William Kent, Defining Fantasy: Differentiation, Ideology, Non-Human Characters, Magic, and World-Building

    Abbey Brandenburg, ‘You are about the begin reading’: Uncanny Effects of Second-Person Narration in Macabre, Short Fiction

    Heather Brown, Selling ‘Sexy’ Violence: Signification, Perpetuation and Manipulation in Dracula and Twilight

    Jarrod Hogan, Redefining Identity: Performance and Performativity in Kurt Vonnegut’s Mother Night

    Leizl Bermejo, Left for Broken: The Representation of Child Sexual Abuse in Literature

    Mairead Sweeney, Regressive Desires in Melina Marchetta’s Looking for Alibrandi

    Candice Lazaro, Blood, Guts and Incest: The Abject in Game of Thrones

    Harriet Crawford, Fairy Tales and Fan Fiction: Tracing the Lineage of Digital Fan Fiction

    Kim Read, Confronting the Borders: Liminality and Landscape in Young Adult Magical Realist Fiction

    Robert Bennett, Creating Other Worlds in Science Fiction: Towards a New Perspective

    Sarah Randall, Modern Films, Old Ideas: Gender Representations in Contemporary Fairytale Adaptations

    Sophie Vrioni, The Function of Classical Myth in Percy Jackson & the Olympians

    Zoe Gallo, Through the Other Spectacles: The Green City and the White Dress

    Corissa Rieschieck, Representations of Feminised Power in Isobelle Carmody’s Fantasy Fiction

    Elizabeth Gloster, Violent Binaries: Disparate Representations of the Sexual Lives of Academics in Fiction

    Ellie Gardner-Leigh, The Literary Anti-Heroine: Balancing Villainy, Heroism & Patriarchy

    Helen Goodwin

    Kasey Scouller, Feminist Fiction: Subverting Gendered Representations of Power Through Animals and Acts of Consumption

    Lauren Parsons, Power in Presents, Pudding & Prayers: Representations of Christmas in Literature

    Nova Hunter, Nowhere to Hide: How Radical Female Bodies in Popular Fiction Subvert Mulvey’s Male Gaze

    Stephen Nicholls, The Uncanny and Absurd in Charles Bukowski’s Poetry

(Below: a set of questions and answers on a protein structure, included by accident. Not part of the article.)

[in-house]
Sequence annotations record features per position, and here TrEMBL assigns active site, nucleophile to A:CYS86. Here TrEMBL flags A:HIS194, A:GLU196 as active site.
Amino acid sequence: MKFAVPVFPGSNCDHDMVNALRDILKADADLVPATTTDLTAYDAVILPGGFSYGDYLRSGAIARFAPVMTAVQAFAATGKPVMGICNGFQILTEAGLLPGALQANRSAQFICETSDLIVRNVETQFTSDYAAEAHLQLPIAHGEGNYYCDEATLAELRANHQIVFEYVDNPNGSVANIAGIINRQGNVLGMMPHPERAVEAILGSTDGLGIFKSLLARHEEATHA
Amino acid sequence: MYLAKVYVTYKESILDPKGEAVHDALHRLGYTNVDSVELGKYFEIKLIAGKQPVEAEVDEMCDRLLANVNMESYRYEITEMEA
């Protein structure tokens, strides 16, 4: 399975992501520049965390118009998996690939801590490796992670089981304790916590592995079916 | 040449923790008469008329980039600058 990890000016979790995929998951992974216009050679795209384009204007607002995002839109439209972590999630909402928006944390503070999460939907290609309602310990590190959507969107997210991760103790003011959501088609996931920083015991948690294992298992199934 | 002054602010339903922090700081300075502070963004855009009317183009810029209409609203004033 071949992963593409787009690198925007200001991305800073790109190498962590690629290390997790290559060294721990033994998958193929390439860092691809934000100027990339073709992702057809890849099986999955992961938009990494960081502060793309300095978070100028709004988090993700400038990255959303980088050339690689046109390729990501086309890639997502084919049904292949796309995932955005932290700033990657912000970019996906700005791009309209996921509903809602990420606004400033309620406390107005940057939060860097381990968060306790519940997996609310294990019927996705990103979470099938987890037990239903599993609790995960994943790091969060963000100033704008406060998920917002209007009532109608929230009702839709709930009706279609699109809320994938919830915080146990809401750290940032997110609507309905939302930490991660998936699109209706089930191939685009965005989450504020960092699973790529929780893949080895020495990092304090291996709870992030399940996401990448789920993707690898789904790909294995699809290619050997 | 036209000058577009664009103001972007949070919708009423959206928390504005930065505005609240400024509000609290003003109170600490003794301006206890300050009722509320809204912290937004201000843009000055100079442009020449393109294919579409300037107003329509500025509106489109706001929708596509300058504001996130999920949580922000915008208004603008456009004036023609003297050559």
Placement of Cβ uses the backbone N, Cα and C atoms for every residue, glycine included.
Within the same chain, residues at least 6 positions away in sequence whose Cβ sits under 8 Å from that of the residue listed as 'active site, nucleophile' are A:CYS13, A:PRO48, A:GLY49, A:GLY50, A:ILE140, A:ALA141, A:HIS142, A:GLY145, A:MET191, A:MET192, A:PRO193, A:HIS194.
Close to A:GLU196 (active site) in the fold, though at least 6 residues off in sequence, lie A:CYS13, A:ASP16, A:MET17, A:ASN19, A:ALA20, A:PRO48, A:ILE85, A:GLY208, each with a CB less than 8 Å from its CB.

Anne Erese, The Power of the Margins: How the Subversive Prose Poem Explores Racial and Gender Identity Construction

    Carli Lewicki, Informing Australia of the Plight of the “Other” through Contemporary Literature

    Greta March, The Heroines and the Villains: An Exploration of Roald Dahl’s Matilda and the Witches

    Kelly Shaw, The New Stage Irishman and the Silent Females: Portrayals of the Irish-American Experience in Modern Hollywood Cinema

    Mel Rowe, ‘When the glass slipper is forced to fit’: ‘Cinderella’ and the Fairy Tale’s Forgotten Quest for the Better Life

    Patrick Banfield, ‘Deceived with Ornament: Shifting Markers of Evil to Examine the Relationship Between Appearance and Reality’

    Robert Jenkins, ‘Other than Our Common Sanity’: The Blending of the Generic Elements of Speculative Fiction in the Short Stories of H.G. Wells

    Terri-Ann Varga, Beautiful Monsters: Epic Fantasy and Heroines Shapes by Violence and Abjection

    Tess Richardson, Breaking the Divide: An Environmental Fantasy & Exegesis

    Alicia Eddy, Finding ‘Home’: Representations of Trauma and Identity in Young Adult Dystopian Literature

    Cameron Wilson, Gender Relations and Politics in the Fiction of Cormac McCarthy

    Christian Hayes, Destabilising Hegemony through Modal Influence in O’Malley’s Scott Pilgrim Series

    Lou Verga, Sesh Veterans/Staying Awake: Camp Aestheticism and Marginalised Identities in Trainspotting

    Rachel Carroll, Rape: A Metalanguage

    Taylor Rawson, Grim Company: An Exploration of Monstrosity in Gender

    Amy Grant, ‘But we tamed the wolves’: Anxiety, the Zombie, and the Other

    Carmen Tudor, Hungry Hearts: Domestic Dis-Order and Haunting in the Victorian House

    Elizabeth Ross, Shakespeare’s Sisters: An Exploration of Sisterhood in Shakespearean Comedy

    Molly Herd, Ābrar Morghūlis: ‘All Women Must Die’: Representations of Women in Game of Thrones

    Morgan Pinder, The Fundamental Interconnectedness of All Things: Ecology in Douglas Adams’ Dirk Gently Series



    Heather Brown, Interrogating Postfeminist Female Empowerment in Bestselling Post-Millennial Young Adult Literature

    David Ryan, Be a Good Sport: Inspiration, Aspiration and Perspiration

    Zozie Brown, Good Bot, Bad Bot: Malfunctioning Identities in Posthuman Young Adult Literature

    Ellie Gardner-Leigh, ‘The quintessence of difficult’: Examining the Disruptive Literary Antiheroine’

    Elizabeth Gloster, ‘A Top Bloke’: Examining (Toxic) Masculinity in Australian Literature

    Darren Cullinane, Internalised Homophobia in Life and Literature’

    Shokoofeh Azar, A Novel in Magical Realism: The Tuba Tree of Our Kitchen

    Melissa Howard, Instructions for the End of the World

    Mel O’Connor, Major Character Death: Grief and Lifelessness in Asexual Young Adult Literature

    Nicole Lenoir-Jourdan, The Spell to Break the Glass Ceiling

  • Awards, fellowships, and honours

    • 2016 Wyndham Community Centre Grant
    • 2016 Victorian Arts Council Grant (with Cassandra Atherton and Phil Day)
    • 2015 Access and Equity Project Grant: Imagine Project          
    • 2013 Vice Chancellor’s Special Recognition Award
    • 2013 Deakin University Award for Teaching Excellence
    • 2012 Pro-Vice Chancellor’s Faculty Teaching Excellence Award
    • 2011 Commendation for Excellence in Teaching, Deakin University
    • 2011 Deakin University Teacher of the Month, Faculty of Arts and Education
    • 2010 Commendation for Excellence in Teaching, Deakin University